With each new headline about a mass shooting somewhere in America (an all too frequent occurrence these days) the gun control debate is triggered yet again. Each side is so firm and passionate in their beliefs, it seems there’s no convincing either one to see things from the other perspective. Of course, the media has a heyday with this polarizing issue. Many people from around the world look on America’s gun culture with confusion or disdain. It’s enlightening to see how other countries approach the topic, so watch and learn from this video on how they tackle guns around the globe.
Here’s a transcript of the video:
Joe: “It seems like every day, there’s someone on the news or the internet that’s dead set on voicing their opinions about America’s guns. The second amendment in the Constitution has become a hot button issue over the last several years as the media focuses more and more on the spree of mass shootings that have become commonplace in our modern society.”
Jay: “Of course, that’s America; the rest of the world has tackled the gun issue in a different manner. And since it’s sometimes helpful to view our own countries through the lens of others’ experiences, here, for your consideration, are a few of the ways our international brethren have handled guns in their country.”
1. Canada Is Close, But Stricter
Canada Is probably closest to America in terms of gun laws. You have to be 18, pass a background check, and take a public safety course. However, Canadians don’t tend to use their guns on each other like in the U.S. Canada’s firearm-related homicide rate is around seven times lower than America’s.
2. Israel Gets by With Its Unique Culture
In Israel, military service is compulsory. So because pretty much everyone is a soldier, guns of all types are a daily reality in the country. (visual: people in bikinis wearing gun – maybe this shot of humor will seem out of place in an otherwise serious piece?)
3. Japan Leans Strict Regulation
Japan is the country with the lowest instance of gun crime in the world. Only one in every ten million of its citizens are victims of gun crime. Some experts link this phenomenon to Japan’s incredibly strict gun laws.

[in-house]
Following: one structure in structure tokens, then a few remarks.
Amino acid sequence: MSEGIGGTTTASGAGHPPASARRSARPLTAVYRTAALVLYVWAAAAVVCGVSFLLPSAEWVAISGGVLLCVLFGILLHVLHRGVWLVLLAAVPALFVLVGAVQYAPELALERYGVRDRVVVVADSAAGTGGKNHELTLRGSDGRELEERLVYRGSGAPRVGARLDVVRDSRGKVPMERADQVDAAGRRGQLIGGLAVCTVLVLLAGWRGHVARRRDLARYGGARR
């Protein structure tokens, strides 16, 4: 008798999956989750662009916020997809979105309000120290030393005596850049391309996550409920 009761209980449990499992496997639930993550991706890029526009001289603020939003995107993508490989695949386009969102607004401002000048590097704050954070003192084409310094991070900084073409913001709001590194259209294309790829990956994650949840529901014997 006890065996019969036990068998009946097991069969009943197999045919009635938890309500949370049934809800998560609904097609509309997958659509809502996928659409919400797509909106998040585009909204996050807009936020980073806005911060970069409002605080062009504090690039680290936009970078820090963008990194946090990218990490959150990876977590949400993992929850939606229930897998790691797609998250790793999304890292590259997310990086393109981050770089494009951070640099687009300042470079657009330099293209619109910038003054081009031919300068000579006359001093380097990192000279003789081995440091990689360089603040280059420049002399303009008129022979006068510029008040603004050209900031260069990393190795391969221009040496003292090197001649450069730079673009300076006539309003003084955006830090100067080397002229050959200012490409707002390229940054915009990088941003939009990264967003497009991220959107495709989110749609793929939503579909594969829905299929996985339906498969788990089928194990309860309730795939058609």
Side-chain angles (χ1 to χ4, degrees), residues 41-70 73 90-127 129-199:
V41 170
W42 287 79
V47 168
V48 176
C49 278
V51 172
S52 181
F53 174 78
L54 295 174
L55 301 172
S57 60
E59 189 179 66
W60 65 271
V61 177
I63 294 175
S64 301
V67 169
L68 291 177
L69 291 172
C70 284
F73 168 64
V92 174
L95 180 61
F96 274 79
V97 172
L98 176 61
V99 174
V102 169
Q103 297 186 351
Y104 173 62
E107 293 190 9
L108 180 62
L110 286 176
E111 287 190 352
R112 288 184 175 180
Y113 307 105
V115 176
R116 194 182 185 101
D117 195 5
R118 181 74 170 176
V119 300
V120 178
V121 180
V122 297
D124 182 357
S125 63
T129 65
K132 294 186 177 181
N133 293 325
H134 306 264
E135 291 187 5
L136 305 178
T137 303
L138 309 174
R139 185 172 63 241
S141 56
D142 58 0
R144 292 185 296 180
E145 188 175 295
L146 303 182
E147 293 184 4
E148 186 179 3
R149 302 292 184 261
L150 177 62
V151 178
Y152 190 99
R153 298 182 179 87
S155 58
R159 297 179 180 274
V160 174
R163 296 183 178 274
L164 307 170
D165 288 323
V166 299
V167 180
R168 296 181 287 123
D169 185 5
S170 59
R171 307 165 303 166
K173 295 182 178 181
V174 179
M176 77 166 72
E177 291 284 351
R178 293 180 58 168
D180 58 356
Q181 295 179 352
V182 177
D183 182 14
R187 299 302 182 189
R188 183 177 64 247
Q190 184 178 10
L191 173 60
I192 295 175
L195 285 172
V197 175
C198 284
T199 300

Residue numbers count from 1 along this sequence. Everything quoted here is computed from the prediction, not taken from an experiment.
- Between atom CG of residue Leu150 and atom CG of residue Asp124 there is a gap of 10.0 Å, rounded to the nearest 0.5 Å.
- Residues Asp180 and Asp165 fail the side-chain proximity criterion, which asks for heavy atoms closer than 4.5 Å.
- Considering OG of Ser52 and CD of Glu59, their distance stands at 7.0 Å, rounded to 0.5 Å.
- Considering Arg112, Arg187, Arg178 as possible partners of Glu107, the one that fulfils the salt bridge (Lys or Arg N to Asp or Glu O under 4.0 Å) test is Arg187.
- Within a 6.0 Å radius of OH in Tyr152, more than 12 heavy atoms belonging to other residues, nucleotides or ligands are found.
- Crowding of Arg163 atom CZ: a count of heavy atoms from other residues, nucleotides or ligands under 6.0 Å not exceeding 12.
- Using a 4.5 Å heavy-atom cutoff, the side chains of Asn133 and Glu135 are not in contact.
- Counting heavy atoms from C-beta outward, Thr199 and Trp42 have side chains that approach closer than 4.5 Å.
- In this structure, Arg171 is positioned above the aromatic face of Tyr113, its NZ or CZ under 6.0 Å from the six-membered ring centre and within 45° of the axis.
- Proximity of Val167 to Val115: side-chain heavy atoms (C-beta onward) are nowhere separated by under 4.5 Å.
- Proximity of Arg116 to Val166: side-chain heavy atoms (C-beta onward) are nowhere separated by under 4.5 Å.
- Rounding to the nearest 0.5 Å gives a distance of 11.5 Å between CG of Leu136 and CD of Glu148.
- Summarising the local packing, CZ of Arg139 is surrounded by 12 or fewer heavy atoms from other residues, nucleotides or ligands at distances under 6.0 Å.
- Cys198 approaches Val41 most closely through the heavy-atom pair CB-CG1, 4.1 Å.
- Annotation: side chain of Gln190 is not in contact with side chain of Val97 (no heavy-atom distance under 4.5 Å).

4. Germany Has Seen Good Results From Psychiatric Tests
Germany has an incredibly high ownership of guns. However, the gun homicide rate in the country is one of the lowest in the entire world. It probably has something to do with the strict psychiatric tests for anyone under the age of 25 applying for a gun license.
5. How Afghanistan Operates in the Aftermath of War
About one in 25 people own a gun there, and except for a background check, it’s reasonably easy to own a private weapon and even carry it openly in the streets.
6. South Africa Takes a While
The process of getting a firearm in the country can take up to two years from the date of your first application and citizens are even required to submit to a home review.
7. The United Kingdom Offers Odd Statistics
Since the ’80s, the U.K. has implemented increasingly stringent firearms laws. However, according to analysts, gun crimes in the UK didn’t actually peak until 2004, leading them to believe that in some cases, legislation doesn’t curb gun crime.
8. South Korea Wins Most Restrictive
Surprisingly South Korea has the most restrictive gun laws in the entire developed world. No one is allowed to keep a private firearm in their home. Even hunting weapons and air rifles are kept at local police stations!
9. Guns South of the Border
It’s very possible for men and women to own guns in Mexico, however the process is fairly rigorous. Anyone wanting a gun must petition the country’s Defence Ministry as its the only place from which these citizens can procure these weapons.
10. Australia, the Obligatory Slide
Australia once had a real problem with gun violence in their country. Then, the government all but prohibited automatic and semi-automatic rifles. As a result, they haven’t had a mass shooting since 1996.
So should America adopt more stringent gun laws like some of these other countries?
What do you think about gun control? Discuss below.